He prepped for the Kentucky Derby in as sensational of a manner as anyone could.
He started with an allowance win at Hialeah by two lengths and then romped by 4½ lengths in the Flamingo Stakes. Next, in the Florida Derby at Gulfstream Park, he continued to stamp himself as an exceptional 3-year-old by posting a two-length victory over Believe It as a huge 1/5 favorite.
“His races in the Flamingo and Florida Derby were impressive,” Veitch said.
Dominance led to Derby favoritism
What happened afterwards, in the Blue Grass at Keeneland, was labeled by Veitch as “exceptional”.
Alydar didn’t just win the Blue Grass, he turned it into a tour de force as he trailed by 11 lengths early but then gained momentum with a powerful force on the turn and then ran away and hid from eight rivals in the stretch.
The margin was six lengths at the eighth pole and 13 lengths at the wire in another amazing display of Alydar’s superb talent in a race that was more of a sentimental choice for the 1/10 favorite than a logical stepping stone to the Kentucky Derby, which was just nine days later.
Veitch had leaned towards running Alydar in the Wood Memorial at Aqueduct but opted for the Blue Grass out of respect for Calumet’s elderly owners. Eighty-two-year-old Admiral Gene Markey and his 81-year-old wife, Lucille, lived near Keeneland and were eager to see the latest in the farm’s long and storied list of equine stars.
“I had some reservations about the Blue Grass,” said Veitch, who entered the Hall of Fame in 2007. “But, in particular for Mrs. Markey, the Blue Grass was such a historic race for Calumet and it gave her the opportunity to see Alydar in action. Keeneland was so gracious in helping her and the Admiral see it by giving them a spot on the rail to watch. Sometimes you do things you shouldn’t do, but I didn’t mind that for Mrs. Markey and the Admiral.”
Off such a dominant slate of prep races, Alydar was sent off as the 6/5 favorite over Affirmed in the Kentucky Derby and suffered the first of his three heartbreaking losses in the American classics.
The Derby marked Affirmed’s fifth win in seven battles with Alydar, but Veitch believed there was at least a small explanation for why Alydar trailed by as much as 17 lengths at one point in the mile-and-a-quarter stakes and fell a length-and-a-half shy at the wire.
“During the running of the race, something hit Alydar in the eye and he dropped back momentarily,” Veitch said. “When he got back to the barn the eye was partially closed. I called Mrs. Markey that night and told her about the eye and she asked if I had told anyone else. I told her no and that I had a vet look at the eye and there was no permanent damage. She said, ‘Don’t tell anyone. At Calumet Farm we don’t make excuses.’”
Alydar was significantly closer in the early stages of the Preakness, but once again could not surge past his bitter rival in the final furlong.
Three weeks later, in the Belmont Stakes, Affirmed and Alydar staged their greatest battle with no less of a prize than the Triple Crown on the line.
“It was a blessing for racing,” Cauthen said. “To have those two horses in the same year and to have the great rivalry they developed at two and then to have it continue in the biggest series ever was incredible. I don’t think there’s ever been a race better than that Belmont when you consider what was on the line. The drama and all the characters that were involved on both sides, it was something that was meant to happen.”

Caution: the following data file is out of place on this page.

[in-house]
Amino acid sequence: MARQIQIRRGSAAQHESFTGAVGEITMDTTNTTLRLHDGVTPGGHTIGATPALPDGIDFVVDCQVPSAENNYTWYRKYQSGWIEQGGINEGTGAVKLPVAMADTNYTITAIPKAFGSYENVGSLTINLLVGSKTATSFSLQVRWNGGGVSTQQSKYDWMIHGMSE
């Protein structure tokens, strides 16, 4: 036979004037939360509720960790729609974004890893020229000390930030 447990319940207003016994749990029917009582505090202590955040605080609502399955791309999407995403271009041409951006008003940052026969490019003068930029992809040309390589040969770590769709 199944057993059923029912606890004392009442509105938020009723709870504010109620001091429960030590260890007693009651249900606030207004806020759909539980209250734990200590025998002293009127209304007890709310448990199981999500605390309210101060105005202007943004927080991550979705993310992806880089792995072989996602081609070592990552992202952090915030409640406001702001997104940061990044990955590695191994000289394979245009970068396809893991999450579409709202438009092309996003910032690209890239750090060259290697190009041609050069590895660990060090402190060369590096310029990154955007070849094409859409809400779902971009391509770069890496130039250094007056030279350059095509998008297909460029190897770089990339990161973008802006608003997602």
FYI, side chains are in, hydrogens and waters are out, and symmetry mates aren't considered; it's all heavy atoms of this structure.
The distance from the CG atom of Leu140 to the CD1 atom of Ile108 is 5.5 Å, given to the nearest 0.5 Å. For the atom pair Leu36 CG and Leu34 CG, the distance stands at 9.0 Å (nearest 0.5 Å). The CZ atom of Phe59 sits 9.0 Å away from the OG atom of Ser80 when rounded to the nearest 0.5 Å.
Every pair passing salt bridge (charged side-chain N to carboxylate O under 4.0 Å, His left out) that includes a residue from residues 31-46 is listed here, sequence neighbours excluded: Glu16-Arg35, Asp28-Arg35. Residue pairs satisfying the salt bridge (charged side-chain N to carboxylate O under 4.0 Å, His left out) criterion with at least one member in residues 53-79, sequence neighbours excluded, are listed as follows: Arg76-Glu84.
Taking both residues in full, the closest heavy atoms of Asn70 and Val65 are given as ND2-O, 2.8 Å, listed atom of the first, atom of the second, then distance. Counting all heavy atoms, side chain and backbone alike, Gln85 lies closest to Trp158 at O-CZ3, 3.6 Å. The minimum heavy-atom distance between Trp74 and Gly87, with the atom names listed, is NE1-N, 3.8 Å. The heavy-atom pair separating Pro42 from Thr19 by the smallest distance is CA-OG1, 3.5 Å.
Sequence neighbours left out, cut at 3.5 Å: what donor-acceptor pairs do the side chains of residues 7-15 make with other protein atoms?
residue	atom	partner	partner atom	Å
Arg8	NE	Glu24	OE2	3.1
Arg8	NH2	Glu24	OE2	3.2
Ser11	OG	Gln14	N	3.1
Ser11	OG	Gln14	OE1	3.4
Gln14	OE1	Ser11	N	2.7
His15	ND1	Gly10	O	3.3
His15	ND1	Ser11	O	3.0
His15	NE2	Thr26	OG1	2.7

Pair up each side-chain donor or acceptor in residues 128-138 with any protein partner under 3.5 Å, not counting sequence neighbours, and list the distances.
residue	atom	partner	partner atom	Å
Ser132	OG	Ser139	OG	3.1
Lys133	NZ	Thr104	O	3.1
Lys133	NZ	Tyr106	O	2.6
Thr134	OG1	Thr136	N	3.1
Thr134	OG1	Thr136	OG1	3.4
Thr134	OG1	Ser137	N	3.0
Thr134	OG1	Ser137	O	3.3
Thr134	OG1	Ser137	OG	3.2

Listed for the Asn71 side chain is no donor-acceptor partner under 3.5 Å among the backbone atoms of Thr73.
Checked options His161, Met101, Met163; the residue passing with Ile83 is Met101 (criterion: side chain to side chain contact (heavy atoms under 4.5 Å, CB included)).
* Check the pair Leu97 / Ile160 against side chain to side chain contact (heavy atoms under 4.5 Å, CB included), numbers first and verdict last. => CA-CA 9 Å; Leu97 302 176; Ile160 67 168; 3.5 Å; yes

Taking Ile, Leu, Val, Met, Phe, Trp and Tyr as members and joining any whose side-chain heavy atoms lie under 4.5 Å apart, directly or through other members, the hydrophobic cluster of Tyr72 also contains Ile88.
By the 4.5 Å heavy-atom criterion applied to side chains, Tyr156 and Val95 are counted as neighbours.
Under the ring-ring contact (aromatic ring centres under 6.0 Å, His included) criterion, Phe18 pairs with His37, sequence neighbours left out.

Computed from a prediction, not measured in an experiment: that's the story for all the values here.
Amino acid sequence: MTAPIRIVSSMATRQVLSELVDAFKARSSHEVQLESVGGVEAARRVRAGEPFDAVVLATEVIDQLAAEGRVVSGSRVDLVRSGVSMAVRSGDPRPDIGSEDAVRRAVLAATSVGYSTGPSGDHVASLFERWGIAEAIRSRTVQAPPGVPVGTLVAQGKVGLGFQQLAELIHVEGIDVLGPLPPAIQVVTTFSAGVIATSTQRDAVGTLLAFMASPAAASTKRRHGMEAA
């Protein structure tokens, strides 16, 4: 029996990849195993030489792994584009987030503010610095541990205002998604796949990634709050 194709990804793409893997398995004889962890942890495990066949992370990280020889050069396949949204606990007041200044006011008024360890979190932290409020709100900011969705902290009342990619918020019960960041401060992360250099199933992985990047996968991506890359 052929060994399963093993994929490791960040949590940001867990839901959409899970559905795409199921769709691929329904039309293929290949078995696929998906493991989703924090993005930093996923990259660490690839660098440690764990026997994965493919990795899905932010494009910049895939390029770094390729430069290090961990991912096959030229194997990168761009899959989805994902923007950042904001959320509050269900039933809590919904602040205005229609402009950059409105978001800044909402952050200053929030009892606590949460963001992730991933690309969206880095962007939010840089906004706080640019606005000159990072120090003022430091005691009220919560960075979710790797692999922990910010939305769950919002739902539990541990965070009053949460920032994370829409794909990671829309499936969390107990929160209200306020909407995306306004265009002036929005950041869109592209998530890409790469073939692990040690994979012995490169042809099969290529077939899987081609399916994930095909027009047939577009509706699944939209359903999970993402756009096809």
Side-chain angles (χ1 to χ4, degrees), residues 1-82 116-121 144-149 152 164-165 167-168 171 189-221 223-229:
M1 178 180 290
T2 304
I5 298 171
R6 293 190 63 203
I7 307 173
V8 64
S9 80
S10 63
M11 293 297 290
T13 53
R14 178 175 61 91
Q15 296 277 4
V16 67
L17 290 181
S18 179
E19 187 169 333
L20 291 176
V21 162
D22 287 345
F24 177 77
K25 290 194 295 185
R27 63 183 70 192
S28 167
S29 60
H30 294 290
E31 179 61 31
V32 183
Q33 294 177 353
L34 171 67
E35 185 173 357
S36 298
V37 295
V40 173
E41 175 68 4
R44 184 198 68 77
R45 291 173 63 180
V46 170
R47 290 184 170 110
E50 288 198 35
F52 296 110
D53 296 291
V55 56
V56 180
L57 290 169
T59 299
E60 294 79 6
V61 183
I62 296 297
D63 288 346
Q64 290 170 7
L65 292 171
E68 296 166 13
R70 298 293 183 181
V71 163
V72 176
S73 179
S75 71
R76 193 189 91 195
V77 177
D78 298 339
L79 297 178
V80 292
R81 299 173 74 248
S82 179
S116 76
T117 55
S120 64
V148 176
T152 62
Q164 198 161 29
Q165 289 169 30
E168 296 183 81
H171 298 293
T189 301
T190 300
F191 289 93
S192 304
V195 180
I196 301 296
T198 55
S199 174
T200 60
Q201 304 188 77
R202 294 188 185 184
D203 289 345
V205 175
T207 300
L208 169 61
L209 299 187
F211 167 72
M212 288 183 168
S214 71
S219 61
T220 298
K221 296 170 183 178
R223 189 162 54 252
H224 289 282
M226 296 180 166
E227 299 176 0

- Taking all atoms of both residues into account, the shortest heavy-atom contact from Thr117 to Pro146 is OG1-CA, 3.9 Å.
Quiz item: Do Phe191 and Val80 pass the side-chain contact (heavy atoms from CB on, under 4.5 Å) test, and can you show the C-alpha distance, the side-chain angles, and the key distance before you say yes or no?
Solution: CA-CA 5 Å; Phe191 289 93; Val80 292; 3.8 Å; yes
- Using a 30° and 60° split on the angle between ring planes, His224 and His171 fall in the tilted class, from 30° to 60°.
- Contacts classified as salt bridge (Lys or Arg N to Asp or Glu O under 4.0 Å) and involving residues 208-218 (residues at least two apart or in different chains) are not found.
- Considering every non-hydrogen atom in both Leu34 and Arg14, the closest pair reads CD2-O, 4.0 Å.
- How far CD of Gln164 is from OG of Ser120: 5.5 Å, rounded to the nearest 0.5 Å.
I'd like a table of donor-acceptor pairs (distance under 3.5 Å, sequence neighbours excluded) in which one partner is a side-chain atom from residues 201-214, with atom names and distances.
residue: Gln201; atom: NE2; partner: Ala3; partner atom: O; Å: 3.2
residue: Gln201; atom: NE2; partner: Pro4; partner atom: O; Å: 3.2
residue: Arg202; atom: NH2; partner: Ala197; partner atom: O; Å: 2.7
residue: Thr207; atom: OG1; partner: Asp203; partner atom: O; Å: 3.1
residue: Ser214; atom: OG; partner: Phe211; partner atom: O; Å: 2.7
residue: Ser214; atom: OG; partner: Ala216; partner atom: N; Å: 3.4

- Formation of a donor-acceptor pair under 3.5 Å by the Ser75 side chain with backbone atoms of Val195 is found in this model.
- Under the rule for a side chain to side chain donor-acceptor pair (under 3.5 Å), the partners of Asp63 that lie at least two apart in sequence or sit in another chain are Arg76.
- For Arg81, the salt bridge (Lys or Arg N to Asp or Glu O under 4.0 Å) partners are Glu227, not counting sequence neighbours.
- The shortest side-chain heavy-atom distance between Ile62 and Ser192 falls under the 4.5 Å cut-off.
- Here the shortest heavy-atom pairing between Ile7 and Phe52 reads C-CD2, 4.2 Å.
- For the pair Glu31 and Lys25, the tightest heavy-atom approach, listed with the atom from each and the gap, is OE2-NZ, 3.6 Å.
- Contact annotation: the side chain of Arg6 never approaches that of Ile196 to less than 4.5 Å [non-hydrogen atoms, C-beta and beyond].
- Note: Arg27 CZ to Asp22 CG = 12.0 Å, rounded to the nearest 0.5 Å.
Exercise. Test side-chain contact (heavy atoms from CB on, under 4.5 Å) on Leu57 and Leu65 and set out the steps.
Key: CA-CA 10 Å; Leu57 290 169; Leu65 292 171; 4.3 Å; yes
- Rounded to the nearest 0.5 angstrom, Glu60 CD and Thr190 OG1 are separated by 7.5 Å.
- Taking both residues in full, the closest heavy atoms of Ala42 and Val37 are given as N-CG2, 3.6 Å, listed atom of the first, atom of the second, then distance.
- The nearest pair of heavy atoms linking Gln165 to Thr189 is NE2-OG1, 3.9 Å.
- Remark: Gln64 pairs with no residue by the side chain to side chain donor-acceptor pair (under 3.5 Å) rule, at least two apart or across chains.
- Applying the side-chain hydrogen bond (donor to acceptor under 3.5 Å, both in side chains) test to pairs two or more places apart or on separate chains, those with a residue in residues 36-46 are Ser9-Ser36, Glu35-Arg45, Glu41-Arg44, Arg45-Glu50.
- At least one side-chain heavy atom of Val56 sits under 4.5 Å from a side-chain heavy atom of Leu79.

The Belmont Stakes was not the tightest finish between the two colts, but it was the most spectacular meeting. With seven furlongs left in the mile-and-a-half Test of The Champion, Velasquez moved Alydar alongside Affirmed and for the rest of the grueling race they remained locked together. It wasn’t until the final yards when the fatigue of running on the same lead for a mile-and-a-half caught up with Alydar and Affirmed was able to dig down and register a narrow and unforgettable victory (video below).
“I was disappointed because I thought we had Affirmed, but in hindsight I was so pleased to be a part of it. Even now you cannot mention one horse without the other and that means a lot to me,” Veitch said.
The 1978 Triple Crown not only gave the sport one its greatest edition of the famous series, but heightened interest for the major summer and fall races when Affirmed and Alydar would square off again.
The ultimate summer target for both horses was the Travers and Veitch opted for a difficult path to get there. He decided on the Whitney Handicap against older horses as a springboard to the Travers. Yet before that August 5 race, he found that he could not keep Alydar idle in the barn that long.
“I had the Whitney in mind from the very beginning. I thought the timing and the distance was better for him. I thought he could get a real taste of what I wanted for the Travers. I wasn’t worried about him facing 4-year-olds and it taking too much out of him,” Veitch said. “I had planned to rest Alydar until the Whitney, but he wouldn’t let me. He couldn’t stand it when I tried to freshen him. So we went to Chicago and Arlington Park and he was so impressive there.”
That trip to the Midwest was for the Arlington Classic on July 22, when Alydar breezed to a 13-length win as a 1/20 favorite and paid the minimum $2.10 to win.
That set the stage for the Whitney at the Spa, a race with an emotional meaning for Veitch.
Emotional significance of the Whitney